On Tuesday night, the student government at the University of Toledo in Ohio approved a resolution to divest from companies which profit from Israeli violations of Palestinians’ rights. The resolution passed with 21 student senators in favor and only four against.
This comes just two weeks after a divestment resolution hearing was muzzled and ruled “unconstitutional” by the student government’s judicial council at the university. On Tuesday night, the judicial council reconsidered its original decision and found that the divestment resolution was indeed constitutional.
“The differences were stark between what happened this week and what happened [on 19 February],” said Derek Ide, co-founder of the Students for Justice in Palestine chapter at the University of Toledo (UT-SJP), in an interview with The Electronic Intifada on Wednesday morning.
Ide said that students led a strong campaign over the last two weeks to demand transparency and democratic process from the student government and the university administration.
Before the initial hearing on 19 February, the university administration had insisted that discussions on the resolution be conducted in a secretive manner. During that meeting, students supporting and opposing the resolution were prevented from hearing each others’ viewpoints.
These processes were heavily criticized by students, activists and legal advocates with the Center for Constitutional Rights and Palestine Solidarity Legal Support as violations of open democratic process and students’ first amendment rights.
A petition supporting students’ right to hold a divestment hearing was circulated via the US Campaign to End the Israeli Occupation and garnered more than 5,400 signatures.
During Tuesday’s hearing, students from a diverse array of groups and communities on campus were allowed to deliver personal testimonies in favor of divestment.
“It was a very liberating experience,” Ide said. “The UT Divest team had a beautiful coalition of human beings who put together articulate, very powerful arguments that swept the opposition away.”
Hillel, a nationwide network of campus centers for Jewish students which opposes boycott and sanctions efforts against Israel, brought in the Jewish Federation of Toledo to help crush support for the resolution. The group is affiliated with a national network called the Jewish Federations of North America (JFNA).
In 2010, JFNA and the Jewish Council for Public Affairs launched the “Israel Action Network,” described as “a multimillion-dollar joint initiative to combat anti-Israel boycott, divestment and sanctions campaigns” and to fight “the delegitimizing of the State of Israel.”
Students affiliated with Hillel repeated “the same canned speeches from two weeks ago,” Ide explained. Those speeches, he said, included claims that passing a divestment resolution would “increase anti-Semitism.”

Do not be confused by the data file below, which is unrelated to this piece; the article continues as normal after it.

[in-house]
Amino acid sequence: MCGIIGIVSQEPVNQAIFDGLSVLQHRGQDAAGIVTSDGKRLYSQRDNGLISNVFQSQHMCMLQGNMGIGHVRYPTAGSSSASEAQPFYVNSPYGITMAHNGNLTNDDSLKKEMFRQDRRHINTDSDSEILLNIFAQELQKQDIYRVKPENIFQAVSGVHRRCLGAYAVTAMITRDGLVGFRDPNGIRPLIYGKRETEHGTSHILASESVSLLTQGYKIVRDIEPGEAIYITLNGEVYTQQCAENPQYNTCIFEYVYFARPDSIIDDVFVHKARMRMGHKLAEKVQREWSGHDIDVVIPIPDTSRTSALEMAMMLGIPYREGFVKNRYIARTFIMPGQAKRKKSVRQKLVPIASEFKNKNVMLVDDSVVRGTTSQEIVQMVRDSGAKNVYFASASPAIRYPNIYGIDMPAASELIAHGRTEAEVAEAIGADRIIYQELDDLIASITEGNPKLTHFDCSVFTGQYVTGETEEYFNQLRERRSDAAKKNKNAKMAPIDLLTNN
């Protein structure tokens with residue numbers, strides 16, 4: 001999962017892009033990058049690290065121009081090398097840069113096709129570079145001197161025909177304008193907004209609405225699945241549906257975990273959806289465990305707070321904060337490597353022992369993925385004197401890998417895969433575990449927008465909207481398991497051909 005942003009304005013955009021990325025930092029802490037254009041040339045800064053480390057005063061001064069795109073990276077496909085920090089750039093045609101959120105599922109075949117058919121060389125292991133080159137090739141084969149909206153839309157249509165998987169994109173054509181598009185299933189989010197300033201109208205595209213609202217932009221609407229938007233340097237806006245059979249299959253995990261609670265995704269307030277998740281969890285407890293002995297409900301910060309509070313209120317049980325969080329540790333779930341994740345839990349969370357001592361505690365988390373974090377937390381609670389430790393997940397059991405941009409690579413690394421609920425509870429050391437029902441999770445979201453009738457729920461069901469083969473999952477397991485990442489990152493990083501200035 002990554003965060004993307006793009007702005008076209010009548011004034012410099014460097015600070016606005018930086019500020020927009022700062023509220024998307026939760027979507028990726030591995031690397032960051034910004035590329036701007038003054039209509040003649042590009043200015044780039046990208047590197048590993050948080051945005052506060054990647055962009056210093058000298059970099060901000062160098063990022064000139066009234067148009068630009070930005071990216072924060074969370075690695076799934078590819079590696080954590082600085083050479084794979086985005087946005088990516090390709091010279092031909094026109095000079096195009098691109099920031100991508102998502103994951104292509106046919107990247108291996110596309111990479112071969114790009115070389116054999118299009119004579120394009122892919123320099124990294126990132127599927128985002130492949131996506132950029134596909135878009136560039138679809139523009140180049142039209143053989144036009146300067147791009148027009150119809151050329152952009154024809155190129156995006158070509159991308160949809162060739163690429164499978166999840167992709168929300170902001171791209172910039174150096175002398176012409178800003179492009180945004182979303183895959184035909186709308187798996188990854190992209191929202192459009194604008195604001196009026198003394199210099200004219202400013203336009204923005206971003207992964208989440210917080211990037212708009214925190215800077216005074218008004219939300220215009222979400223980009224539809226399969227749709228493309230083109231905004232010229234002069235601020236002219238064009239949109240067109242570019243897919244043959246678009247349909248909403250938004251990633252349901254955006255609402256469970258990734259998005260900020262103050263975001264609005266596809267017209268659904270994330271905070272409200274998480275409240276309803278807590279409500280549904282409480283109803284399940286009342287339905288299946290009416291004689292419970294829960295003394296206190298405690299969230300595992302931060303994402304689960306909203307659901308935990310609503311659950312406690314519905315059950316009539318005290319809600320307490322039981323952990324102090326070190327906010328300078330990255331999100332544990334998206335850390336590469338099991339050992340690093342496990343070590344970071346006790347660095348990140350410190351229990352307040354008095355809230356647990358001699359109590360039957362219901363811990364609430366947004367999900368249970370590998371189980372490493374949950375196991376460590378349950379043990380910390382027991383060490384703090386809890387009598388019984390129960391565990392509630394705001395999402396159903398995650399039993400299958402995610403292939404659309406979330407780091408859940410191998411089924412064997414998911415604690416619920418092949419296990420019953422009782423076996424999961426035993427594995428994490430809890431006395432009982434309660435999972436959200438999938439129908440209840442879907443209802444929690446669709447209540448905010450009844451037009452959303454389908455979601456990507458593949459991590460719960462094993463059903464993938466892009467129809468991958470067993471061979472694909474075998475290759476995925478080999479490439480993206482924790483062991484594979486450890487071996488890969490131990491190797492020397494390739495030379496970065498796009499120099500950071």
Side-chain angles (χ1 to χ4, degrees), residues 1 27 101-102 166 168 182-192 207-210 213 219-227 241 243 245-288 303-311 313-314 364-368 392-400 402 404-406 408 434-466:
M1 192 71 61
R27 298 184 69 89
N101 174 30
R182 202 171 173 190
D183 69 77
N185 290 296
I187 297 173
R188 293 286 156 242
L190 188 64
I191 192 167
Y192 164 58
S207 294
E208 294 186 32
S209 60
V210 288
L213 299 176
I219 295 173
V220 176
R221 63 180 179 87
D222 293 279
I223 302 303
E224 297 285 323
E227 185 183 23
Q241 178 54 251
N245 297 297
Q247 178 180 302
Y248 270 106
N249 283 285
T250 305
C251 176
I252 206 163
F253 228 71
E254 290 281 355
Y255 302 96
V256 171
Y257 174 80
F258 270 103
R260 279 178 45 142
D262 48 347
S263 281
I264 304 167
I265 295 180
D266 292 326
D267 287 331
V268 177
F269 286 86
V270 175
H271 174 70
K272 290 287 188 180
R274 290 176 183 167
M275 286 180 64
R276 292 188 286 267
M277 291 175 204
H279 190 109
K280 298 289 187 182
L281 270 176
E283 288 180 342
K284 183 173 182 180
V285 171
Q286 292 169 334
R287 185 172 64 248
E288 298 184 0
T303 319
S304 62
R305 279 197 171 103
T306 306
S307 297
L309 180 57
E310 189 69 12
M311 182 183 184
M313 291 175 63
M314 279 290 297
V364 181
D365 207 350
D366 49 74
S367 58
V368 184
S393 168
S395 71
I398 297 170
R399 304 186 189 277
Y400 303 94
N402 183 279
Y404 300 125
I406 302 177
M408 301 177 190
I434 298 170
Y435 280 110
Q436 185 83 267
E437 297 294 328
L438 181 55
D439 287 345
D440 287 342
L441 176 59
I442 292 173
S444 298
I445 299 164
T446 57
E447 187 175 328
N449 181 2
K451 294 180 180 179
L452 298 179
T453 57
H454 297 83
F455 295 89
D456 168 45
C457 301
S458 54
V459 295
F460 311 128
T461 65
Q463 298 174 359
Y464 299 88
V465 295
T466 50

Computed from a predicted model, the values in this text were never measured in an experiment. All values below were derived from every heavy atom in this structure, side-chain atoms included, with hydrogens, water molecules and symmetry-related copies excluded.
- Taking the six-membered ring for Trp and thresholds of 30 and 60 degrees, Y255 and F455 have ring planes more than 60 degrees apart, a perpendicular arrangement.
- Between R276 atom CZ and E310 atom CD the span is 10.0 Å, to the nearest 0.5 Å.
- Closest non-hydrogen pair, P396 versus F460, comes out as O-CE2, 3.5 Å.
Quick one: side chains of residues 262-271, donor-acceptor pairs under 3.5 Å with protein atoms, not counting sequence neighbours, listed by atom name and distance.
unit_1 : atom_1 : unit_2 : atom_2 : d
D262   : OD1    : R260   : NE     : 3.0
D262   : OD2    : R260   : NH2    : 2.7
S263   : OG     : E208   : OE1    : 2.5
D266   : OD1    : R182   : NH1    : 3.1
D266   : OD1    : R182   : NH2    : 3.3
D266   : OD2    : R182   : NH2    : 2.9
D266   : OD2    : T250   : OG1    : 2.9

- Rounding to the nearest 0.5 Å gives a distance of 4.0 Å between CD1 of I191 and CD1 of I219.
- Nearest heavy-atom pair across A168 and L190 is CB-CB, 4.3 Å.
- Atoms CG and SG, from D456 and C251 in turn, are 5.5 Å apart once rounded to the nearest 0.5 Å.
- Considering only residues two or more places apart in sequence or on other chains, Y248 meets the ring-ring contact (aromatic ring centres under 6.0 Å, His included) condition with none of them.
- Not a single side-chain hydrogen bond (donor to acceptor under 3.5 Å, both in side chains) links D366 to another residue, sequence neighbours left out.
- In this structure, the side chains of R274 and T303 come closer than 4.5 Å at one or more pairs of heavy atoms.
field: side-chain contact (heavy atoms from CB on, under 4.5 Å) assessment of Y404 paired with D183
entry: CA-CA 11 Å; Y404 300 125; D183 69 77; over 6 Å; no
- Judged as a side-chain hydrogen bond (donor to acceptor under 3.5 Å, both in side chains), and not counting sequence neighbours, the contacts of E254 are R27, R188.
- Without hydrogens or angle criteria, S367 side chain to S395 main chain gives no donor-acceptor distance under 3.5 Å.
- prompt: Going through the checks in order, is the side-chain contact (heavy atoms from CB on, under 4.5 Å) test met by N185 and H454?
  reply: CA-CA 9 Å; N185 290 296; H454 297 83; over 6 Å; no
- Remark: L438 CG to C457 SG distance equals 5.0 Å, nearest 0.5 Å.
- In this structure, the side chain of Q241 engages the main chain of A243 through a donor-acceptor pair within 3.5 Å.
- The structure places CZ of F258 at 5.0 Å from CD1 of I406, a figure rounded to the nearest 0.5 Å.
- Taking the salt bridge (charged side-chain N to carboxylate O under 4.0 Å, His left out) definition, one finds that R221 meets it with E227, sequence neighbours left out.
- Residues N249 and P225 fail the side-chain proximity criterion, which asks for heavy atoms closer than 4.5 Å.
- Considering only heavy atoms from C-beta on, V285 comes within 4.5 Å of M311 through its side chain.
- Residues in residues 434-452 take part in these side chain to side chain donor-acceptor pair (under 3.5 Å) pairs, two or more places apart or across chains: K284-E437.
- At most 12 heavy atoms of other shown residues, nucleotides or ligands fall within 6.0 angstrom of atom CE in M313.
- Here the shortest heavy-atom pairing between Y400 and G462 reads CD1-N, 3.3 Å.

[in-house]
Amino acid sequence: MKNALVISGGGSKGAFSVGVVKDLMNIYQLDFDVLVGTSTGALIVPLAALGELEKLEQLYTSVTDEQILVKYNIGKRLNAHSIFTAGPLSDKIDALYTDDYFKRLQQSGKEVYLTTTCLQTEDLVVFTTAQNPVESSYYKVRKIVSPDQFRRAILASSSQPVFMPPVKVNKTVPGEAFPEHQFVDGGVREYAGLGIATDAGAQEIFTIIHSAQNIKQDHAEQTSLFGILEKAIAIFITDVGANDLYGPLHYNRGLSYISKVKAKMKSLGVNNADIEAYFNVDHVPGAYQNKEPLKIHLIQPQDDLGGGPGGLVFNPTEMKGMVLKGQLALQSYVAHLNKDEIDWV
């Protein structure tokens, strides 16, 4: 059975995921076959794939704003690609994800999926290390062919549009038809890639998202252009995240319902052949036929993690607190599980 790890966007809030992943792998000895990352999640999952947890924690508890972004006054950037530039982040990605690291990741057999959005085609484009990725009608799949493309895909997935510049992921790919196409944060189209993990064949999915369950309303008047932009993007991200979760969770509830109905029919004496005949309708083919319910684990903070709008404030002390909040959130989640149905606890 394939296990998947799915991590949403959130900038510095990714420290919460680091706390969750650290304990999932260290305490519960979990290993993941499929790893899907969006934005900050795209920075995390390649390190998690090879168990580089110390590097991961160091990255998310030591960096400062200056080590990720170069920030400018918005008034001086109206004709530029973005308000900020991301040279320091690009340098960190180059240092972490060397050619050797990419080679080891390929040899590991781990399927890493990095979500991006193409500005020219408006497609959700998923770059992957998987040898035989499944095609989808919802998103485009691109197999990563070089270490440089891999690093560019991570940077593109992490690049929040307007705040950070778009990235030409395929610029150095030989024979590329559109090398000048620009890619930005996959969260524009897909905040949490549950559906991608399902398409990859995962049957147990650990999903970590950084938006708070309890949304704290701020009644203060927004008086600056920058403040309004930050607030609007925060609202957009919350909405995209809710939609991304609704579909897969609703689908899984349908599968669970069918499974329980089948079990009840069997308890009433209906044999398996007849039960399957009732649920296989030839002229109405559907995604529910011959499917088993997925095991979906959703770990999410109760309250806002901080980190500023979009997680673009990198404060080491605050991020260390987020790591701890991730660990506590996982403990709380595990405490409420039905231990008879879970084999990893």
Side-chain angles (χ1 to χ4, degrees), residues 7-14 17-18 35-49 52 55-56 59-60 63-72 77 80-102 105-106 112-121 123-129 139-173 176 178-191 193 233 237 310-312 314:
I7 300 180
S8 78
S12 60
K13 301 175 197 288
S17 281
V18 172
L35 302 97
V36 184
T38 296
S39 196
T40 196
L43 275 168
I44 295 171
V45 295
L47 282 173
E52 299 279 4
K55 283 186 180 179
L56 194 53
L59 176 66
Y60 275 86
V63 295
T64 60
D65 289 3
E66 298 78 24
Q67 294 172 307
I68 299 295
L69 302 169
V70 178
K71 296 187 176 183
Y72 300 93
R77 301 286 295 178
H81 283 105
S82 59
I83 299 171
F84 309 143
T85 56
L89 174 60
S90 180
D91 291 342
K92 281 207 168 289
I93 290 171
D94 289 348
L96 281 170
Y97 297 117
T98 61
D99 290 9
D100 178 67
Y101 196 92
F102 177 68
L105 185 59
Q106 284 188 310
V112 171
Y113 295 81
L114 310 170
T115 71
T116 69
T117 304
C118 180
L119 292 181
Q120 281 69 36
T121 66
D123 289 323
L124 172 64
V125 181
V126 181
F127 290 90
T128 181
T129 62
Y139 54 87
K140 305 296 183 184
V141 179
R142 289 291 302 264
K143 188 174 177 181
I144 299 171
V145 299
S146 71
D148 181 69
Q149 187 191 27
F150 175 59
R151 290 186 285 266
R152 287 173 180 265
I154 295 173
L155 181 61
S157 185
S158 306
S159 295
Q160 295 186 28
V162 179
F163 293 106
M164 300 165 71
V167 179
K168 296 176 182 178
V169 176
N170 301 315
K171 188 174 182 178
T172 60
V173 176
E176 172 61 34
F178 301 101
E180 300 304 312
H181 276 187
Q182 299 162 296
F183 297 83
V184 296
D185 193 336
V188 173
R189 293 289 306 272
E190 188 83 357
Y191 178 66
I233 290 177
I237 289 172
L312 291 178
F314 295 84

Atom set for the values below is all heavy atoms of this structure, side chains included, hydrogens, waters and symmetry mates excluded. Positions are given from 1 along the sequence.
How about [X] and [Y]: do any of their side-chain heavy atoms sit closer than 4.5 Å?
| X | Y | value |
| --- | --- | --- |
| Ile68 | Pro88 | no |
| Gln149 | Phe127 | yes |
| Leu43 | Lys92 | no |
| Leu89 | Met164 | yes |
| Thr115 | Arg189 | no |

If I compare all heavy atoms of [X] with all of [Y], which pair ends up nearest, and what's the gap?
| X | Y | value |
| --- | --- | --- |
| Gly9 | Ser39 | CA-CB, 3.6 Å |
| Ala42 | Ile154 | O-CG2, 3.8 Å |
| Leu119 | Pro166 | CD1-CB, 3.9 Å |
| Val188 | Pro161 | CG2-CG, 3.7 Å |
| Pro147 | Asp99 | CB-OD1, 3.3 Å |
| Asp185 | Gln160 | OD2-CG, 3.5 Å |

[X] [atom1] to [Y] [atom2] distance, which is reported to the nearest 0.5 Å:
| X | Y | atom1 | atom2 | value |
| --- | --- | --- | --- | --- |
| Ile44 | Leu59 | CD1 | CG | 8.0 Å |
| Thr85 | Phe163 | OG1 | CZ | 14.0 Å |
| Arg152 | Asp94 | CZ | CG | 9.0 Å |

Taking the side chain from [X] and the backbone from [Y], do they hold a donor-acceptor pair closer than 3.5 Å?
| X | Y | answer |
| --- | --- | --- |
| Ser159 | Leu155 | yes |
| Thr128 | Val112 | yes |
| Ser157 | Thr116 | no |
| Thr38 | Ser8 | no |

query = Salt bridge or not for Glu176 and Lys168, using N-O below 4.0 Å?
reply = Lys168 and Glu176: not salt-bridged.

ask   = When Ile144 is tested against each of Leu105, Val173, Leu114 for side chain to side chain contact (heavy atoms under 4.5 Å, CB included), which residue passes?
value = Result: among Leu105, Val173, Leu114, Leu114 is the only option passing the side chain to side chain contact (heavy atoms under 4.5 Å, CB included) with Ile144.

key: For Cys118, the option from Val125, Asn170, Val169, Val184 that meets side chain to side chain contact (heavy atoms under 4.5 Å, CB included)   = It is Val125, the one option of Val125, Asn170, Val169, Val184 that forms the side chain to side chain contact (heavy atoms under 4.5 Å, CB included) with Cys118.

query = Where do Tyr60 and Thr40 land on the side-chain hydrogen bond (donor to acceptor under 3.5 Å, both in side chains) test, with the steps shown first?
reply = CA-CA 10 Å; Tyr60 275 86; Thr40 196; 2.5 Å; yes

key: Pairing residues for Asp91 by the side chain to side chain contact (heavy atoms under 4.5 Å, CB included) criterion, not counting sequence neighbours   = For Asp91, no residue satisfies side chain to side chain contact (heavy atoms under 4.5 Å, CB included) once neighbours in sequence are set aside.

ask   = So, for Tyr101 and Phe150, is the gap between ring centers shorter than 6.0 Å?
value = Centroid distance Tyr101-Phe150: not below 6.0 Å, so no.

“But none of the senators bought it,” Ide added. Listen to the interview with him via the media player above.
During the initial hearing on 19 February, several student senators repeated claims touted by Israel-aligned organizations that the divestment resolution could inspire “discrimination” toward Jewish students on campus.
Opponents of the resolution this Tuesday night asserted that the resolution unfairly “singled out” Israel, another allegation repeated by Israel-aligned organizations which is designed to defeat student divestment campaigns.
Speaking to the campus newspaper, the Independent Collegian, Ide said that “It is not us [SJP] who singles out Israel. It is Hillel and AIPAC and every other defender of Israeli crimes who wants Israel to maintain a special status, a status that places them above international law and unaccountable to the norms and standards of justice.”
Barbara Harvey, a Detroit-based attorney active in the National Lawyers Guild and a member of Jewish Voice for Peace, told The Electronic Intifada by email that “the rehearing of SJP’s divestment resolution was an object lesson in the power of free speech and fair play, when justice and humanity are on your side.”
Harvey said that students speaking in support of the resolution “told of moving personal experiences, ranging from direct contact with the occupation, close up, to discrimination in the modern US, explaining their own commitments to justice for Palestinians. The opposition’s responses by Hillel and the local Jewish Federation rested on a foundation of guilt-tripping accusations of discrimination and sometimes wildly inaccurate factual assertions, fairly characterized as verbal thuggery.”
“The ball is now squarely in the university’s court,” Harvey noted. “Will the trustees show the same courage as SJP and the student government in considering whether to implement the resolution?”
“Collapsed” to pressure
Ide told The Electronic Intifada that although the administration has not reached out to SJP about the ways in which democratic process was subverted two weeks ago, the student government leaders “tried their best to rectify what happened [when they] completely collapsed [to pressure from the administration].”
He added that the student government leaders “did as much as they could last night to make the debate last night as open and transparent and as democratic as possible, given the structural constraints of student government.”
The entire divestment hearing was recorded on YouTube:
- University of Toledo
- Derek Ide
- Students for Justice in Palestine
- Jewish Federation of Toledo
- Center for Constitutional Rights
- Palestine Solidarity Legal Support
- Jewish Federations of North America
- Jewish Council for Public Affairs
- Barbara Harvey
- National Lawyers Guild
- Jewish Voice for Peace
- Northwestern University
- Stanford University